Programma Giovani Ricercatori "Rita Levi Montalcini"
New advances in Descriptive Set Theory
Duration: 3 years (starting September 2014)
Principal Investigator: Luca Motto Ros
This project focuses on Descriptive Set Theory (briefly: DST), one of the most stimulating and well-established branches of mathematical logic, whose results and methods have been successfully applied to various areas of mathematics (such as representation theory for topological groups, ergodic theory, classical analysis, Banach spaces and operator algebras, to name a few). DST is primarily concerned with the study of definable subsets of the real line or, more generally, of Polish spaces. Such sets are usually classified in suitable hierarchies of complexity, with the purpose of giving a global description of such hierarchies, of systematically analyzing their levels, and of determining the exact position in them of particularly relevant mathematical objects. This kind of analysis is strongly connected with the problem of classifying mathematical objects in a given class (providing methods and invariants to obtain it, or showing that a classification is unfeasible), a widespread theme in mathematics. With this project, we aim to reach relevant advances on some mainstream themes of modern DST. In particular, we plan to tackle the following main research topics:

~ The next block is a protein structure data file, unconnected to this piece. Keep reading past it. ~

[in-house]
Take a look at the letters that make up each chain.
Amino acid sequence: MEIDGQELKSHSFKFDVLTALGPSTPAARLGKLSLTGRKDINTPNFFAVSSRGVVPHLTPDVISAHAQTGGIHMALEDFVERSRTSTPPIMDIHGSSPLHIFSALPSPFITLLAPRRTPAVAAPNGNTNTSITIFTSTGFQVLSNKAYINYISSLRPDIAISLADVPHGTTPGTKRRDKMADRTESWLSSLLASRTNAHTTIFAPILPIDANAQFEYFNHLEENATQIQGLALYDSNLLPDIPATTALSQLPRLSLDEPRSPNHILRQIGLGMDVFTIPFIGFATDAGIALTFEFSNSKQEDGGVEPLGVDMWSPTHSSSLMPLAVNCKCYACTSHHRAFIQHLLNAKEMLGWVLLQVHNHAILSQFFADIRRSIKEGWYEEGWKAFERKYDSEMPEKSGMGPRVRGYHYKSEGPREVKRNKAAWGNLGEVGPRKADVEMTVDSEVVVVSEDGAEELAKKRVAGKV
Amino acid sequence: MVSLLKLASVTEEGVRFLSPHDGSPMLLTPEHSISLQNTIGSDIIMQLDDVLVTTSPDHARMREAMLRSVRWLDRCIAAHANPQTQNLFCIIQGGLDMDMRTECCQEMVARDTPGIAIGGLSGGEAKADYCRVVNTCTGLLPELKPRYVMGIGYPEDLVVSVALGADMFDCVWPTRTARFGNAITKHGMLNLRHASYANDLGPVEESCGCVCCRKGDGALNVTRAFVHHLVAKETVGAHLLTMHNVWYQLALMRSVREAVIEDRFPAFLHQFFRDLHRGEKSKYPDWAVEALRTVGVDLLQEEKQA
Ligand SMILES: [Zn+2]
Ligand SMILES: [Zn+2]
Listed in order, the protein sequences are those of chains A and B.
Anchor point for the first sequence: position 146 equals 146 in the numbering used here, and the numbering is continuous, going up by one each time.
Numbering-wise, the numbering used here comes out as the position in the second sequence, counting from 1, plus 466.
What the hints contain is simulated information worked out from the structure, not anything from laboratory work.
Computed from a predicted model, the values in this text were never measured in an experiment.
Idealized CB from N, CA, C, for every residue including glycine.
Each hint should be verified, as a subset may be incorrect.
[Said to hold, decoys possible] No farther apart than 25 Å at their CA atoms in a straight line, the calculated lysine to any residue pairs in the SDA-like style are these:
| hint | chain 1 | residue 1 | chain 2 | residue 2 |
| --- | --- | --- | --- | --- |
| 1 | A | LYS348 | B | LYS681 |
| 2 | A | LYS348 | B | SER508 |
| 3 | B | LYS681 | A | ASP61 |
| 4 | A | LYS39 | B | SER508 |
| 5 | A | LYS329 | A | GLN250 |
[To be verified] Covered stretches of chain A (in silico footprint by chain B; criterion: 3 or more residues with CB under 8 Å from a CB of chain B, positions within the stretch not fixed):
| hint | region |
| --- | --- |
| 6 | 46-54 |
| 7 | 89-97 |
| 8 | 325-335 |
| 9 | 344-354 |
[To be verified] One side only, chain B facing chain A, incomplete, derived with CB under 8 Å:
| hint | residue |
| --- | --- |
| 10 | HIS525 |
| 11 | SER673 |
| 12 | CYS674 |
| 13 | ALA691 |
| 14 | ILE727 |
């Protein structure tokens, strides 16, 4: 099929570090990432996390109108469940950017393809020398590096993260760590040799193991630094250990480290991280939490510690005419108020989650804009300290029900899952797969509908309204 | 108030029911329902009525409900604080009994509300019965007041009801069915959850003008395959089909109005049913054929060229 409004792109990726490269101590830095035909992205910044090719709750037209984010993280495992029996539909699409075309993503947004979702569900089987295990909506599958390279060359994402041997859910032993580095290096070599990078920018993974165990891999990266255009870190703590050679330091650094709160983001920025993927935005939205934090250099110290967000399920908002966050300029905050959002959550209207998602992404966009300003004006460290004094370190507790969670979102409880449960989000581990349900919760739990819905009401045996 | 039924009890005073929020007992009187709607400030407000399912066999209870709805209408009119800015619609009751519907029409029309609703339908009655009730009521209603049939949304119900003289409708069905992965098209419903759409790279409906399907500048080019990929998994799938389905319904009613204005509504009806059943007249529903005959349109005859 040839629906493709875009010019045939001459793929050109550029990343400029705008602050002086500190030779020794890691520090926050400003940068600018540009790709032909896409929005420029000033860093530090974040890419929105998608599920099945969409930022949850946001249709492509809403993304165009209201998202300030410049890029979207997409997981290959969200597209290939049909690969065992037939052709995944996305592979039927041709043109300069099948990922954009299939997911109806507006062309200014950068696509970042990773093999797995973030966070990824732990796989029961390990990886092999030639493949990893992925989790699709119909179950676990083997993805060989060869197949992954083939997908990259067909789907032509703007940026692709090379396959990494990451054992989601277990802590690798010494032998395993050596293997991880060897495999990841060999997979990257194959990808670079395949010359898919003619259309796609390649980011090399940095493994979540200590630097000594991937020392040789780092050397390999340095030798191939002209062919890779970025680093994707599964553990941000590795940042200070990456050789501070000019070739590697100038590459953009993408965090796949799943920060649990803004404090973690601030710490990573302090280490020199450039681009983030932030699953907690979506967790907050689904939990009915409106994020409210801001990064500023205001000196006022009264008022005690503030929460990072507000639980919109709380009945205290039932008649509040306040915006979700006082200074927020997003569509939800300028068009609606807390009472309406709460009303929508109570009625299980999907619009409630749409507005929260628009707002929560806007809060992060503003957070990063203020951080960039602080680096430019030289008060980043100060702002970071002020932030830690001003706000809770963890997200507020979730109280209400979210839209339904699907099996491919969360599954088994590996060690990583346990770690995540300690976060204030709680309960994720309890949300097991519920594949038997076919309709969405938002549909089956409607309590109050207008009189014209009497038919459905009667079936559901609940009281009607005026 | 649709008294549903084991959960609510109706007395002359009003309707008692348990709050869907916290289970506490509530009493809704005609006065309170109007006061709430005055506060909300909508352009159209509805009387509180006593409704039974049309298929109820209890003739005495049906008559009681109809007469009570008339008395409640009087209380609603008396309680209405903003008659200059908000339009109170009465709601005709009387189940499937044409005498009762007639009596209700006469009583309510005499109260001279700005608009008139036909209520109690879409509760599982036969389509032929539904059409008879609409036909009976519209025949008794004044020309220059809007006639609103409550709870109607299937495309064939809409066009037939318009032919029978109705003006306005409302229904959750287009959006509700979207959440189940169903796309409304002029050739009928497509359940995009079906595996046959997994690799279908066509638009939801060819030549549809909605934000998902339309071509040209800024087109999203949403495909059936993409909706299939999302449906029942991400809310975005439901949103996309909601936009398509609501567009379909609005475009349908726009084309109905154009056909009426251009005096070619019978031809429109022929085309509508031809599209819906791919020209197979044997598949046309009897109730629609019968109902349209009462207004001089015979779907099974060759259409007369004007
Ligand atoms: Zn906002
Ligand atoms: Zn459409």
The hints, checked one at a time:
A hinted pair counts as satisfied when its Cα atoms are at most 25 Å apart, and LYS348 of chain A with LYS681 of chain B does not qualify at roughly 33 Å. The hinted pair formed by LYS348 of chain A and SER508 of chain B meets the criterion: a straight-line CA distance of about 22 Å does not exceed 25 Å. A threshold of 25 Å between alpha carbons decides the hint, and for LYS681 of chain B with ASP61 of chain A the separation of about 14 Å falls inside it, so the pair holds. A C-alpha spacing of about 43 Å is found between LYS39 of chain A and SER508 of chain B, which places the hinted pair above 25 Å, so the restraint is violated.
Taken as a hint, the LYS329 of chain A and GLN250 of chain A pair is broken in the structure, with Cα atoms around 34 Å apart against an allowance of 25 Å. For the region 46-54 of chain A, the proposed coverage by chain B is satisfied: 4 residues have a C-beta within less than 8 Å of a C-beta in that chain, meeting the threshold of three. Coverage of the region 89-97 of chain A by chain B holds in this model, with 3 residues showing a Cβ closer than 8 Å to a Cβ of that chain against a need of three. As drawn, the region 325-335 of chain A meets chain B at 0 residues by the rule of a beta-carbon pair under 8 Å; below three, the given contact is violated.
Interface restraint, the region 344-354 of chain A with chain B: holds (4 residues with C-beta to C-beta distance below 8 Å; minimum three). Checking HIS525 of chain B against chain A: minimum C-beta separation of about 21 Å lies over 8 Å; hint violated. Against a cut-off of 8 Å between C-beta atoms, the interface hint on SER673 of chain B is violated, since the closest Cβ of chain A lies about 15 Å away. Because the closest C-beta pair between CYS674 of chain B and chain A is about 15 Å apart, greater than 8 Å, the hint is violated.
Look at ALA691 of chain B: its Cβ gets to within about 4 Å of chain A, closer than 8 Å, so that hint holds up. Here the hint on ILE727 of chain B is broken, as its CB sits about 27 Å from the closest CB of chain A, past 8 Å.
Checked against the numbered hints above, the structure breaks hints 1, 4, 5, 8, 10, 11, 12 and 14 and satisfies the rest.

A) Wadge-like hierarchies on arbitrary topological spaces
The abstract analysis of the Wadge hierarchy (which gives the finest possible notion of topological complexity) on zero-dimensional Polish spaces had a remarkable impact on set theory and theoretical computer science. In this project, we will extend this analysis to Wadge-like hierarchies on other kind of spaces, in particular on topologically complex spaces like omega-continuous domains.
B) Decomposable Borel functions
One of the classical themes in DST is the study of the structure of Borel functions, in particular with respect to their decomposability into countably-many continuous functions. Exploiting some recent progress in this area, we aim to obtain a generalization to all finite levels of a deep theorem of Jayne and Rogers, solving in this way an important problem which remained open over the last 30 years.
C) Invariantly universal analytic quasi-orders
In the last 20 years, the classification of definable quasi-orders and equivalence relations by suitable reducibility notions has been one of the mainstream topics in DST. In this direction, we will study a recently emerged property called invariant universality, investigate the mutual relationship among the variants of the classical notion of Borel reducibility which have appeared in the literature, and examine the interplay between DST and various relevant notions of forcing.
D) Generalized DST
One of the most active and fast-growing branches of DST is the study of the generalized Baire and Cantor spaces. In our project, we plan to use DST methods to analyze the topological complexity of the embeddability relation between uncountable structures (which may be construed as an analytic quasi-order on the generalized Cantor space).